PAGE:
Clinical paper| Volume 151, P99-102, June 2020

Risk and ROSC – Legal implications of bystander CPR



      Early bystander cardiopulmonary resuscitation (CPR) has been associated with better patient outcomes in cardiac arrest. Despite this, not all cases of cardiac arrest receive bystander intervention. Reasons for this gap include disparities in provision of bystander CPR between race, gender and age groups. Concern of legal liability for responders has also been described. We propose that bystanders are more likely to face litigation for lack of intervention compared to providing bystander CPR due to the presence of ‘Good Samaritan’ statutes in all 50 states. This review of the legal literature seeks to quantify the number of cases brought against bystanders in the US over the past 30 years and explore the reasons behind them.


      The Westlaw legal research database was searched for jury verdicts, settlements, and appellate opinions from all 50 states from 1989 to 2019 for personal injury or wrongful death lawsuits involving CPR. Of 506 cases manually reviewed by the authors, 170 were directly related to CPR. Case details including jurisdiction, location, date, plaintiff and defendant demographics, level of training of CPR provider, relationship to patient, motivation for the lawsuit, and case outcomes were recorded.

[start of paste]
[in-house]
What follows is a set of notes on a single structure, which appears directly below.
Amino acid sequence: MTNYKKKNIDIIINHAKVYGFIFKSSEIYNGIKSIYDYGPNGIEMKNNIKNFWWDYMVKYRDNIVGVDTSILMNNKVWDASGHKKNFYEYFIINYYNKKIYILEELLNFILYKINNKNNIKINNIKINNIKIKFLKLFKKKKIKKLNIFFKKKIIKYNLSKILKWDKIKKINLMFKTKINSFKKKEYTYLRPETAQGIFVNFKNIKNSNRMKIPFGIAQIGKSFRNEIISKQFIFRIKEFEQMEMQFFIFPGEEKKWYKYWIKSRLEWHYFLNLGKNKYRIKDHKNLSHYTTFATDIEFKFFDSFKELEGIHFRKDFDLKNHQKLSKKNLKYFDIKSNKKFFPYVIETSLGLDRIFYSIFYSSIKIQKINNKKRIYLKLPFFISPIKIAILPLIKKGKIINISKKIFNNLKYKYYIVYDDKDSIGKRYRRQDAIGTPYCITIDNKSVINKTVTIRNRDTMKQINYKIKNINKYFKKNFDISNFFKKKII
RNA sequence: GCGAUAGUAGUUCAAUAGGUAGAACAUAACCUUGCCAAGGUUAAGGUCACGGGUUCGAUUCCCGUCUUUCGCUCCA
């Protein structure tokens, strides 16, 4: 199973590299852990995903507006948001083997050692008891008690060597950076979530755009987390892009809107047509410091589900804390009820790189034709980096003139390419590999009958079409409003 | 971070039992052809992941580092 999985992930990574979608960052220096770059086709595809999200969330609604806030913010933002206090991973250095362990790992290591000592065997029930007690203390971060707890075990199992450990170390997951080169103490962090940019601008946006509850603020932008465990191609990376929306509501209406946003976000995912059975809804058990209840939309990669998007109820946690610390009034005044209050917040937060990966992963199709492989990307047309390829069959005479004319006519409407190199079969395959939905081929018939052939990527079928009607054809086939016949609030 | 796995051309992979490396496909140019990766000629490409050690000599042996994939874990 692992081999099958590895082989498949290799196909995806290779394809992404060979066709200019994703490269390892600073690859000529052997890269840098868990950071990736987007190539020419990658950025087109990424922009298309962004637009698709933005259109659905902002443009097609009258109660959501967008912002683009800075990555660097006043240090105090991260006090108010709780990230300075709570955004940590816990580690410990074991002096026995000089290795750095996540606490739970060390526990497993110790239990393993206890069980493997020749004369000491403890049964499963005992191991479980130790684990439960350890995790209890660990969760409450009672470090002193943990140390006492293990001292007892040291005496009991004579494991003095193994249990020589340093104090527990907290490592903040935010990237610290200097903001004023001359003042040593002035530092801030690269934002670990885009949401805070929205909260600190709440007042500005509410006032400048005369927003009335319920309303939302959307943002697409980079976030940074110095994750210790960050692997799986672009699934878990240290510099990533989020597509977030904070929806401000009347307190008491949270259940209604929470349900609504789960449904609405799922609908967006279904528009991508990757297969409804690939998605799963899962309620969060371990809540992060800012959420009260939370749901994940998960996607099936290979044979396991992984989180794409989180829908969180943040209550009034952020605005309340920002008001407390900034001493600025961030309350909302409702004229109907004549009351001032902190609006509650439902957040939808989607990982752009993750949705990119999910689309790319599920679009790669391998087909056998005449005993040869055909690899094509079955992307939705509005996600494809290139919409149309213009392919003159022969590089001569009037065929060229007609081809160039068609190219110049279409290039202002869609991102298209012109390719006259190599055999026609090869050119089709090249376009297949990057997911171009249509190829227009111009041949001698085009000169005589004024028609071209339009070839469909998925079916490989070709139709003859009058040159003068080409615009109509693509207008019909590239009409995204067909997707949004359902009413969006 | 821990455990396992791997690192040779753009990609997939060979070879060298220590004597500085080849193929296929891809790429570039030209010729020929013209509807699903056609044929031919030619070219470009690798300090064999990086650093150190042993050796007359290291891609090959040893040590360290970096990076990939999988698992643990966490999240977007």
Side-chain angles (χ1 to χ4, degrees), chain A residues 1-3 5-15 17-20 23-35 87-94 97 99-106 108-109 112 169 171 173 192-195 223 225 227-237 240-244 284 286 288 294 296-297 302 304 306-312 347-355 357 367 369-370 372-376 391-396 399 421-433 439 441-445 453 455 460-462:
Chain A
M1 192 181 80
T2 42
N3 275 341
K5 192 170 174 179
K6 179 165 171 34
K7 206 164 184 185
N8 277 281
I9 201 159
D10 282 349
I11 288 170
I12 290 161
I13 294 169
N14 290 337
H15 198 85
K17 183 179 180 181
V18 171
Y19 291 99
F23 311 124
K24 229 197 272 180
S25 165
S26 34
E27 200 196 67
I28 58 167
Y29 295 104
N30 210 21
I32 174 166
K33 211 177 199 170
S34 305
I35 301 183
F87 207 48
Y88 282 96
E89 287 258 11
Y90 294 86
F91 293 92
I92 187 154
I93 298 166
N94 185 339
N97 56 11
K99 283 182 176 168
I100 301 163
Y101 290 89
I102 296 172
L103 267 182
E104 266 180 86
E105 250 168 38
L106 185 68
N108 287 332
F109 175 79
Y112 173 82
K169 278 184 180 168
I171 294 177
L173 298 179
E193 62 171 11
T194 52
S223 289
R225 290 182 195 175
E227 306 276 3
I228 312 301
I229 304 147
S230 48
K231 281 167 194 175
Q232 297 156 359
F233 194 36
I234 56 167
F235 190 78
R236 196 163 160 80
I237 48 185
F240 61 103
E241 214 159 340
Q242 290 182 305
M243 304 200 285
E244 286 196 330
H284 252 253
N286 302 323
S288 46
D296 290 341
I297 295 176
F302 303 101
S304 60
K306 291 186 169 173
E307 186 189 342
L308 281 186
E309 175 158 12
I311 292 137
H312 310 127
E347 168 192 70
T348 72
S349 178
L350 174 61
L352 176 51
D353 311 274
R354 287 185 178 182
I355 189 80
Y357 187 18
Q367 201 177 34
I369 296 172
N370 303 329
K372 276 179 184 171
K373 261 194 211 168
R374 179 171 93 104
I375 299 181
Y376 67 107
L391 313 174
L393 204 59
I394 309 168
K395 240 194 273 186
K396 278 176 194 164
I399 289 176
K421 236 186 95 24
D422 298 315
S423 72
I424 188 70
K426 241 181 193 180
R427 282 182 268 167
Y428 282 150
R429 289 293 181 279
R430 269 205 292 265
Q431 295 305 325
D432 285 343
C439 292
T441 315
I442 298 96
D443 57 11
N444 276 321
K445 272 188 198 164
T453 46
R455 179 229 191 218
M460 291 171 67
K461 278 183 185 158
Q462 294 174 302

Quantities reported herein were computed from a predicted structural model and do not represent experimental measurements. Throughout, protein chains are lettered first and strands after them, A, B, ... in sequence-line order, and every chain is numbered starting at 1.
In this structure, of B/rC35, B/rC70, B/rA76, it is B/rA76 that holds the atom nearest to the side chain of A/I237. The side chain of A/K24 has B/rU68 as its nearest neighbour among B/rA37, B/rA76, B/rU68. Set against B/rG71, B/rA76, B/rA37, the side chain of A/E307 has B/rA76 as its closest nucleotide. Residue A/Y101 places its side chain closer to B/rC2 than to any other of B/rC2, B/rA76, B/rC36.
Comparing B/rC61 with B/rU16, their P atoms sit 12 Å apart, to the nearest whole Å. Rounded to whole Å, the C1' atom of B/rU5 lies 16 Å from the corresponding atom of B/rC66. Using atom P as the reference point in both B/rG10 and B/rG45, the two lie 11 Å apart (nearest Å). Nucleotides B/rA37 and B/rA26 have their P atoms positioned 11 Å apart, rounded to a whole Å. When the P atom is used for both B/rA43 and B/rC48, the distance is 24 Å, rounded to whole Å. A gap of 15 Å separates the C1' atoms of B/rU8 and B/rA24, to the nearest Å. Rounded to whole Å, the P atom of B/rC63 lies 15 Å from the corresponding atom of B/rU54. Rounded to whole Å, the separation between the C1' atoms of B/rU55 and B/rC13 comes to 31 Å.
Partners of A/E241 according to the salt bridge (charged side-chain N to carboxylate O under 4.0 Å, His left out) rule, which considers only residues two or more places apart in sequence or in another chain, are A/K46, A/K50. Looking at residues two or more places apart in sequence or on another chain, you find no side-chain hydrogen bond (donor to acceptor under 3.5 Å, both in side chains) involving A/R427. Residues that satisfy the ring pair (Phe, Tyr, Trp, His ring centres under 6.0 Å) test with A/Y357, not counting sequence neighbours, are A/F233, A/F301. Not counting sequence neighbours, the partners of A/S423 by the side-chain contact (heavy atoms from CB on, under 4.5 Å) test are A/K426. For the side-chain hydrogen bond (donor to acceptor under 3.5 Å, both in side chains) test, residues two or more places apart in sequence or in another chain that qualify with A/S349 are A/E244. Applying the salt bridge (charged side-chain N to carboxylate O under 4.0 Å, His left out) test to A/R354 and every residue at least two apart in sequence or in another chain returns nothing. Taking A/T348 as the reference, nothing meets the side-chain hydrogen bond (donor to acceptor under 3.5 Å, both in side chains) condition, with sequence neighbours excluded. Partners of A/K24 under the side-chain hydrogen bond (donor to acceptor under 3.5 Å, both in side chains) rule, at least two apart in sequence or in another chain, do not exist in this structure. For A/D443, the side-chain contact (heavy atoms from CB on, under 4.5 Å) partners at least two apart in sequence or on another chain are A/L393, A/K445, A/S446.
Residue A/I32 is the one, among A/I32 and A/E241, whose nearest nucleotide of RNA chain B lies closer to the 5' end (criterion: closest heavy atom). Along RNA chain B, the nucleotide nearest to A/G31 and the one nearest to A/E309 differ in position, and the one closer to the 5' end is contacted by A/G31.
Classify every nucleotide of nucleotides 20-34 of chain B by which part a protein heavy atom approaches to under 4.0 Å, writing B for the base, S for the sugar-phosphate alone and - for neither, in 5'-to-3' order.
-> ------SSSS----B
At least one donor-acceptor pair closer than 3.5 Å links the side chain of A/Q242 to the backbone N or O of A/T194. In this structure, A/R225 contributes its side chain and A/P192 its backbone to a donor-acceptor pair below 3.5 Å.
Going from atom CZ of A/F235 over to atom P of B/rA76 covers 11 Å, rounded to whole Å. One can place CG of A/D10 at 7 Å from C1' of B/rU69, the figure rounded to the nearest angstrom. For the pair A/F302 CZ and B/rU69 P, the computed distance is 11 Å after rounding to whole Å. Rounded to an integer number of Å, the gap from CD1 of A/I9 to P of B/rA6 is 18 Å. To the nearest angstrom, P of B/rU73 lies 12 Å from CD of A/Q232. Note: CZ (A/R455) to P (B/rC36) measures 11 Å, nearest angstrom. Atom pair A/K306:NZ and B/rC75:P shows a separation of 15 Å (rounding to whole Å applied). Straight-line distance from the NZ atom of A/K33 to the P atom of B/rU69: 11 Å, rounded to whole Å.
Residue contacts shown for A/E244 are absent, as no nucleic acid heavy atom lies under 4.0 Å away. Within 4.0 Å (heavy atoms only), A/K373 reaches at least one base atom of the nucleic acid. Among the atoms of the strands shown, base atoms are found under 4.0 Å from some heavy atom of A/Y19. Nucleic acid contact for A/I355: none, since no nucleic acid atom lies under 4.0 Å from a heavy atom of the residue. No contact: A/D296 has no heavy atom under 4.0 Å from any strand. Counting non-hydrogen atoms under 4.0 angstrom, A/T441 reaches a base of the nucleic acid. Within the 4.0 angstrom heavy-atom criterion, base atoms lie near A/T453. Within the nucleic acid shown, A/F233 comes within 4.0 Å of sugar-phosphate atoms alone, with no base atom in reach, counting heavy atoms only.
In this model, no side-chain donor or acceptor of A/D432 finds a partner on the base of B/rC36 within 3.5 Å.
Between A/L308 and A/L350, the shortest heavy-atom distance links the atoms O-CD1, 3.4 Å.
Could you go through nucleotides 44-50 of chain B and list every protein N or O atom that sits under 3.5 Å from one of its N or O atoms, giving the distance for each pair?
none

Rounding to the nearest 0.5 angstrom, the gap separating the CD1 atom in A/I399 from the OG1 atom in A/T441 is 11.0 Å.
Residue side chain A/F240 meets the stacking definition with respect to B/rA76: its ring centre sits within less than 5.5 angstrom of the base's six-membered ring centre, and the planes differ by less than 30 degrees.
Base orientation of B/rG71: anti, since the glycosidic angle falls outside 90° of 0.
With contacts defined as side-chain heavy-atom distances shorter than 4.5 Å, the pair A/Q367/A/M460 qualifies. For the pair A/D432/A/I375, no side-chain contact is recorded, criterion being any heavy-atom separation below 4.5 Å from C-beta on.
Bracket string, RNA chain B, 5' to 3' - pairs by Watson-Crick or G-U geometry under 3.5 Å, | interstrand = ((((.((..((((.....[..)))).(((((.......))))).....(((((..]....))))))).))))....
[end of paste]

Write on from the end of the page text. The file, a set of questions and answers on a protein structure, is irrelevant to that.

Our data show a significant difference in the number of cases of cases alleging battery versus negligence regarding provision of CPR. Of 170 cases, 167 were due to inadequate or untimely bystander CPR. Three cases alleging harm due to providing CPR were identified.


      This study represents the largest single study of legal cases involving bystander CPR in the medical literature. The likelihood of litigation is significantly higher in cases with bystander CPR absent or delayed. The authors propose the inclusion of this data and reiteration of ‘Good Samaritan’ statutes in all 50 states during CPR training to reassure and encourage public response to cardiac arrests.


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